Kids throw tantrums all the time, but the way one dad handled his daughter’s latest outburst is going viral after he shared his story on social media.
Clint Edwards, who lives in Oregon, and his wife Mel were eating at a Red Robin with their three children when his daughter, aged 2, started acting up. According to Evans’ Facebook post, the toddler wanted to throw her chicken strips across the restaurant-- but that behavior just wasn’t going to fly.
“So she screamed, and screamed, and kicked and kicked, and since I was the only one finished with my meal, I had the pleasure of dragging her out of Red Robin,” wrote Edwards, who currently documents his parenting experiences on his blog, No Idea What I’m Doing.
“She's two and it's going to take years to teach her how to act appropriately in public, and the only way I am ever going to teach that is to take her out and show her what's right and wrong,” wrote Edwards, 34, alongside a photo of his red-faced daughter.
While bringing his child outside, Edwards passed by several patrons at the restaurant’s bar — and he noticed that some seemed irritated with his child’s behavior.
His response? He’s simply being a good parent.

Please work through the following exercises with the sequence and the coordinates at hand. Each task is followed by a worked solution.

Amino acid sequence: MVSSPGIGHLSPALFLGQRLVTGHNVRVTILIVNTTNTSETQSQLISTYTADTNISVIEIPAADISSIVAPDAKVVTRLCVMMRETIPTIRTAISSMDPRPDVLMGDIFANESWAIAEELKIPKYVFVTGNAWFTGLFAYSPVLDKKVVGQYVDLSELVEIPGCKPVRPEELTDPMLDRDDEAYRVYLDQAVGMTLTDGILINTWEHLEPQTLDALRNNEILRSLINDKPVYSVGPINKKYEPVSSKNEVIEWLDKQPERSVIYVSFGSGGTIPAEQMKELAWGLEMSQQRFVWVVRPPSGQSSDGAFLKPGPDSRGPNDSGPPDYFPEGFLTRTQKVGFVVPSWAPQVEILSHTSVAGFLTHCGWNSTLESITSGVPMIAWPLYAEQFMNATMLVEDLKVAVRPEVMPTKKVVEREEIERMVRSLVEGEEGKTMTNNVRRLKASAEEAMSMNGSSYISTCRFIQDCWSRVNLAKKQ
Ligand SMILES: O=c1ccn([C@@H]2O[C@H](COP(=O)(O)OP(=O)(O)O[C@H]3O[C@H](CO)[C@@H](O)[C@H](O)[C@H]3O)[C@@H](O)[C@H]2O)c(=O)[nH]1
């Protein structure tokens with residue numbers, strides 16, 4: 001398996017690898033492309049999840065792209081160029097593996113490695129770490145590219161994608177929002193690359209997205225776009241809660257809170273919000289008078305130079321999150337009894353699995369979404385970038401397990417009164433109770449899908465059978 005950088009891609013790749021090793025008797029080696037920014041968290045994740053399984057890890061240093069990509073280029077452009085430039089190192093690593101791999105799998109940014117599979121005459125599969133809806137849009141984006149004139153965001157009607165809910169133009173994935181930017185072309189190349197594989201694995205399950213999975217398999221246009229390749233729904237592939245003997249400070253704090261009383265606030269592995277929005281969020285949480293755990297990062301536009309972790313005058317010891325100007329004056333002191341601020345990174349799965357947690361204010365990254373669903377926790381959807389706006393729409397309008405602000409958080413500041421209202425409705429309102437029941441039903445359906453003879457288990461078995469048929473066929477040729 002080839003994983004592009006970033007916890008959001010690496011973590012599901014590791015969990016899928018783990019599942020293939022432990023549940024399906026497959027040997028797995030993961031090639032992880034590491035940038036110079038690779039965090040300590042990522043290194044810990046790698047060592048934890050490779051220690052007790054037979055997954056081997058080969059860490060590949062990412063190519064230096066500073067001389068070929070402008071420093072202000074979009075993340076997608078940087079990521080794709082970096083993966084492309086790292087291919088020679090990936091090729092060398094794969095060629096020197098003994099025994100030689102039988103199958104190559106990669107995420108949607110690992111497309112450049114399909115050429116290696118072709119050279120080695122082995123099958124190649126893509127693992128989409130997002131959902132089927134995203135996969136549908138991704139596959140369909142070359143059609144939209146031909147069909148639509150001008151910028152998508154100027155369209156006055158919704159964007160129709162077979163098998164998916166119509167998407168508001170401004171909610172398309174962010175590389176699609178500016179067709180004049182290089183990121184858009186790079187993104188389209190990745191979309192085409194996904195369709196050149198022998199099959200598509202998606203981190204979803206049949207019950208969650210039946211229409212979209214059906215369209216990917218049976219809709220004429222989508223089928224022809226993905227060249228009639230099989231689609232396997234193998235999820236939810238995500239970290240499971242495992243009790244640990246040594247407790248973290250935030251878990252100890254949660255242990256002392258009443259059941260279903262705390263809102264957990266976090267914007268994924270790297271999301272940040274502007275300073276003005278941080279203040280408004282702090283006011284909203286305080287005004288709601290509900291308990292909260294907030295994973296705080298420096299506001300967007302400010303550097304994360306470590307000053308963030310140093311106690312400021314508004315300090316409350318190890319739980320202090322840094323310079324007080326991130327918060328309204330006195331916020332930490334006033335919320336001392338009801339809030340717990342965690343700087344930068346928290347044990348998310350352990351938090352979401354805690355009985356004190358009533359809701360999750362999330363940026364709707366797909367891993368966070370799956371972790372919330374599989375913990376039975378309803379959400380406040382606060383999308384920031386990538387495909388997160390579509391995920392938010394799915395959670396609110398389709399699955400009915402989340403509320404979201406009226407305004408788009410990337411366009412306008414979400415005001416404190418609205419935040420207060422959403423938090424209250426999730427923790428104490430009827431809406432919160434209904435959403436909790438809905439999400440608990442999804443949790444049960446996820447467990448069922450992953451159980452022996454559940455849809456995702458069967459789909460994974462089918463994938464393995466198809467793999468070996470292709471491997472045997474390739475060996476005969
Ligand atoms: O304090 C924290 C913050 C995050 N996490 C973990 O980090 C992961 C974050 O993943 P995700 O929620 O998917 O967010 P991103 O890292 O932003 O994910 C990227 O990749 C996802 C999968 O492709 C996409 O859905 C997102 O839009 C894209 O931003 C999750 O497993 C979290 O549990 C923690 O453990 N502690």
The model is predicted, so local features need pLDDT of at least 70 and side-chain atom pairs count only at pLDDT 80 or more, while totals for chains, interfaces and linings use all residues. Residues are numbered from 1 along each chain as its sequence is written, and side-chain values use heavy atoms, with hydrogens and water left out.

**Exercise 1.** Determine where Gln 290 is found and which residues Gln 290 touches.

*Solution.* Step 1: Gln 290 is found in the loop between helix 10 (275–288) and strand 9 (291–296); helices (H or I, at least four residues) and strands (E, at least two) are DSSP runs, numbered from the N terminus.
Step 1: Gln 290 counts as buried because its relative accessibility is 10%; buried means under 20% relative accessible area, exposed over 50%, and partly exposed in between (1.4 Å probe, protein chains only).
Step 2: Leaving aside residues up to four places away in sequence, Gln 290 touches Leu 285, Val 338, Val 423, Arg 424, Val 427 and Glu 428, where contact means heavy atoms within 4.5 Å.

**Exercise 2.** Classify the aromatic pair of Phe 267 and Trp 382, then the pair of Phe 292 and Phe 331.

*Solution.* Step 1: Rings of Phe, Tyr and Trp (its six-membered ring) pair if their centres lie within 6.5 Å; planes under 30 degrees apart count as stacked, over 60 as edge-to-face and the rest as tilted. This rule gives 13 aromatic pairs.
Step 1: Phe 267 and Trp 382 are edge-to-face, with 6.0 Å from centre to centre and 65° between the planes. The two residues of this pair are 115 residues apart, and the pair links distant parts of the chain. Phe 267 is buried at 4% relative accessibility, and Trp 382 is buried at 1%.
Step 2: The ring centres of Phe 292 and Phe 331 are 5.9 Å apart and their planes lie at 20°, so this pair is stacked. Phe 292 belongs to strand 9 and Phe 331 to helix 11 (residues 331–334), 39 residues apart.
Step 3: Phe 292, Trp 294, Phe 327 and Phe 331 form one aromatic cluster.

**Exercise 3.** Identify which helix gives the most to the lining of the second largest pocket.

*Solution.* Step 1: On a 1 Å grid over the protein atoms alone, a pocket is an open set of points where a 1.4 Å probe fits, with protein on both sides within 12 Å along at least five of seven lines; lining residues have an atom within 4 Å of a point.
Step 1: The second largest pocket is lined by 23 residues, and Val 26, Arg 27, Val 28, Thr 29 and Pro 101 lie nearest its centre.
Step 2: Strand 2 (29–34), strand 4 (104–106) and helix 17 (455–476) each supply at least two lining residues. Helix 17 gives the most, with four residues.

“No one with children would give me that straight faced, lip-twisted look that seems to say, ‘If you can't control your kid, then don't go out,’” he wrote.
“But before you get angry and judgmental, realize that what you are witnessing is not bad parenting, but rather, parents working hard to fix the situation. You are looking at what it takes to turn a child into a person,” said Edwards.
Since his post went up March 5, Edwards’ words have really resonated with fellow parents. In just a week, his post has already racked up more than 383,000 likes and 162,000 shares online.
“At first I was pretty surprised the post hit home like it did, but clearly it resonated with a lot of people,” Edwards tells Fox News.
“I think all parents have had their children throw a public meltdown. It's just part of parenting. It's universal.”
But even though Edwards says tantrums like these are "just a part of parenting," he must feel that his personal anecdotes can be beneficial for his fellow dads and moms. He's compiled a lot of the lessons he's learned into an ebook called "This Is Why We Can't Have Nice Things," in which he shares his knowledge of parenting and marriage.
Edwards, too, tells Fox News that the feedback he’s received from his Facebook post has been largely positive.
“Most parents are like, 'Thank you for putting this struggle into words,'” says Edwards of the feedback he's gotten about his Facebook post.
“As an author and father, it's been a wonderful feeling to realize that I am, without a doubt, not alone in this struggle.”